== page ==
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Can I approximating the following Tex style color function with Hue function(or other functions):

enter image description here

I tried to use Hue:

ParametricPlot[
 r {Cos[\[Theta]], Sin[\[Theta]]}, {\[Theta], 0, 2 \[Pi]}, {r, 0, 1},
 ColorFunction -> 
  Function[{x, y, \[Theta], r}, Hue@Max[(1 - 2 r), 0]], Axes -> None]

But result is not what I want, notice that the color in the center is same as the outer ring:

enter image description here

This is because the color of Hue[0] is same as Hue[1]. This cause some problems to me, because I have some function value changed from 0 to 1 smoothly, I don't want same color in both side.

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  • $\begingroup$ The TeX colorfunction looks a lot like the Matlab default 'Jet', which is implemented in the accepted answer here $\endgroup$
    – N.J.Evans
    Jul 19, 2021 at 13:28

2 Answers 2

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Hue uses the HSB color space which is a cylindrical transformation of the RGB color space. Like you say, this means that Hue[0] and Hue[1] are both red, which is why you get the same colors in the center and outer ring. You'll want to change your ColorFunction to go from about Hue[0.7] for blue in the outer ring to Hue[0] in the inner ring.

You can do Table[Hue[h], {h, 0, 1, .05}] to get an idea of the color space.

enter image description here

The current ColorFunction you're using looks like

Plot[Max[(1 - 2 r), 0], {r, 0, 1}, ColorFunction -> Function[r, Hue[Max[(1 - 2 r), 0]]], PlotStyle -> Thickness[0.01]]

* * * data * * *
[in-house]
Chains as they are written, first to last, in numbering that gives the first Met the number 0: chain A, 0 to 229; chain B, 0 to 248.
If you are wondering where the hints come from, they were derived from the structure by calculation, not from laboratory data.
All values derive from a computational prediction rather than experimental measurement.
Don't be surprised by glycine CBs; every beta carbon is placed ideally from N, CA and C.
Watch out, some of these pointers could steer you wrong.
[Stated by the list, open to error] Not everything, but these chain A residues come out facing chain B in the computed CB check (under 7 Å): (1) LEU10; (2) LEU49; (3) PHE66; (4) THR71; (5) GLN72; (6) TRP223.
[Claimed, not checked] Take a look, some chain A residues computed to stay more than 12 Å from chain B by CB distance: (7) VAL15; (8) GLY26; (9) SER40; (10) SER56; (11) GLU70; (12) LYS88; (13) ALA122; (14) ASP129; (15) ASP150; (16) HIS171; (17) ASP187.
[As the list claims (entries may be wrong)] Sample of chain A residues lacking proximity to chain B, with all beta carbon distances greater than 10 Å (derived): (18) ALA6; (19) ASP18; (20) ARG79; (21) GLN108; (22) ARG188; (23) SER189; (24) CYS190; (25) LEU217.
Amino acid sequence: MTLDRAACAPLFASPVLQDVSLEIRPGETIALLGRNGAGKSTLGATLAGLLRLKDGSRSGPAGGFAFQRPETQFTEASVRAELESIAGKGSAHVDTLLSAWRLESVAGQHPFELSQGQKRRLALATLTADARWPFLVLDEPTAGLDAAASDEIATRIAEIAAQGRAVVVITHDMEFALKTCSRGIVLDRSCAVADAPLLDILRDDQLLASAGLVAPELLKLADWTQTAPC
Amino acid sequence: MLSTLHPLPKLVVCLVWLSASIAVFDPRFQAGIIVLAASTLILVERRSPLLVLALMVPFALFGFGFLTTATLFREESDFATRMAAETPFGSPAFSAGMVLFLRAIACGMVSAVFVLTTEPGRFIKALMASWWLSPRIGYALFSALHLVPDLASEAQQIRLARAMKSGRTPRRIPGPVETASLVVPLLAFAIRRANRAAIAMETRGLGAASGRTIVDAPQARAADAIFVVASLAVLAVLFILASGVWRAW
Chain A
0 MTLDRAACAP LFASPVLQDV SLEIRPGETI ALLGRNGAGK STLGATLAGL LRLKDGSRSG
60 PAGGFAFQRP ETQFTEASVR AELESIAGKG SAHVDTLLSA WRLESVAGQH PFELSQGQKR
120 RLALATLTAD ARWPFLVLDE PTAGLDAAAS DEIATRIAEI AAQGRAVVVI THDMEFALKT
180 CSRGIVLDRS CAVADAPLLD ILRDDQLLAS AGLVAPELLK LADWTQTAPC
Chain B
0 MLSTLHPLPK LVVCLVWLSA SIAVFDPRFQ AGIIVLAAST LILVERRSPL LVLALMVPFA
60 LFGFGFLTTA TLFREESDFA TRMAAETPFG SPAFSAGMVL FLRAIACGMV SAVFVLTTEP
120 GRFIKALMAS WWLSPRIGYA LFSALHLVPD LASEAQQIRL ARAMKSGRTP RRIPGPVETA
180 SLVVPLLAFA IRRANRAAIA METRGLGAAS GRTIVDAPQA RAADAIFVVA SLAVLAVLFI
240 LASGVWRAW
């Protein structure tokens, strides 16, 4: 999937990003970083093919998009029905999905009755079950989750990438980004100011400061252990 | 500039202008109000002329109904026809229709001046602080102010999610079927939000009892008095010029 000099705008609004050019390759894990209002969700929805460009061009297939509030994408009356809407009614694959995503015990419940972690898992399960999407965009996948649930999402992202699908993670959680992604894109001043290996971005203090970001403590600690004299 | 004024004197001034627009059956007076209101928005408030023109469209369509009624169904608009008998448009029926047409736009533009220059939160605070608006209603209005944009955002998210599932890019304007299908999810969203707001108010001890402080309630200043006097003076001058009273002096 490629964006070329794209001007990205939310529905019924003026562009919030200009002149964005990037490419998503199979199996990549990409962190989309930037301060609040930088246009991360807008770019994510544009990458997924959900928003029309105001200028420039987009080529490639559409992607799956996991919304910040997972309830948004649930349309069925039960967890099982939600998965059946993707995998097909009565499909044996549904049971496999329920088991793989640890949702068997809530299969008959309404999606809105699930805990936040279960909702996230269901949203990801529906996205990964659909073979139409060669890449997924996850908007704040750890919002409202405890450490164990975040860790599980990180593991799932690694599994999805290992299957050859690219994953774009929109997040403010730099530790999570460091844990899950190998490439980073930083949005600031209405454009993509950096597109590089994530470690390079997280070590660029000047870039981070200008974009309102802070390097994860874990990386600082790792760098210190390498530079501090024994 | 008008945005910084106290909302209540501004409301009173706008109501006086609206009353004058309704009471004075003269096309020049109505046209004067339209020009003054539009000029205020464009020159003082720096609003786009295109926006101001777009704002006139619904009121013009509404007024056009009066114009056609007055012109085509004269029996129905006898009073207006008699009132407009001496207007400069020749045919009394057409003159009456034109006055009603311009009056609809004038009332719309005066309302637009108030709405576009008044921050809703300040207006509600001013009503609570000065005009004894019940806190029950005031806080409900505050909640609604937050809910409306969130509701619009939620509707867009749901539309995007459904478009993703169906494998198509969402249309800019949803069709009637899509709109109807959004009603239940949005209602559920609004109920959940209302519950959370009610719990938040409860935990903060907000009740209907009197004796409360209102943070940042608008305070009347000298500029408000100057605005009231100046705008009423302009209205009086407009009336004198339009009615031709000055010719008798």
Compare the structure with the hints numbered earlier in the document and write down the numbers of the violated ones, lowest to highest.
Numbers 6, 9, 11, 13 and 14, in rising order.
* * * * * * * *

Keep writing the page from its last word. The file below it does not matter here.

Yours

so the outer ring is Hue[0] which is red. You want something instead like

Plot[Piecewise[{{2 (r - .3 r), r < .5}, {.7, r >= .5}}], {r, 0, 1}, ColorFunction -> Function[r, Hue[Piecewise[{{2 (r - .3 r), r < .5}, {.7, r >= .5}}]]], PlotStyle -> Thickness[0.01]]

so the outer ring is Hue[0.7].

enter image description here

or in your code

ParametricPlot[r {Cos[\[Theta]], Sin[\[Theta]]}, {\[Theta], 0, 2 \[Pi]},{r, 0, 1}, ColorFunction -> Function[{x, y, \[Theta], r}, Hue@Piecewise[{{2 (r - .3 r), r < .5}, {.7, r >= .5}}]], Axes -> None]

which gives

enter image description here

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There are many pre-defined color gradients

ColorData["Gradients"]

(* {"AlpineColors", "Aquamarine", "ArmyColors", "AtlanticColors", \
"AuroraColors", "AvocadoColors", "BeachColors", "BlueGreenYellow", \
"BrassTones", "BrightBands", "BrownCyanTones", "CandyColors", "CherryTones", \
"CMYKColors", "CoffeeTones", "DarkBands", "DarkRainbow", "DarkTerrain", \
"DeepSeaColors", "FallColors", "FruitPunchColors", "FuchsiaTones", \
"GrayTones", "GrayYellowTones", "GreenBrownTerrain", "GreenPinkTones", \
"IslandColors", "LakeColors", "LightTemperatureMap", "LightTerrain", \
"MintColors", "NeonColors", "Pastel", "PearlColors", "PigeonTones", \
"PlumColors", "Rainbow", "RedBlueTones", "RedGreenSplit", "RoseColors", \
"RustTones", "SandyTerrain", "SiennaTones", "SolarColors", "SouthwestColors", \
"StarryNightColors", "SunsetColors", "TemperatureMap", "ThermometerColors", \
"ValentineTones", "WatermelonColors"} *)

Put some or all into a Manipulate so you can visually compare and select your preferred gradient.

Manipulate[
 ParametricPlot[r {Cos[θ], Sin[θ]},
  {θ, 0, 2 π}, {r, 0, 1},
  ColorFunction -> Function[{x, y, θ, r},
    ColorData[color]@Max[(1 - 2 r), 0]], Axes -> None],
 {{color, "TemperatureMap"},
  {"DarkRainbow", "LightTemperatureMap", "Rainbow", "TemperatureMap", 
   "ThermometerColors"},
  ControlType -> PopupMenu}]

enter image description here

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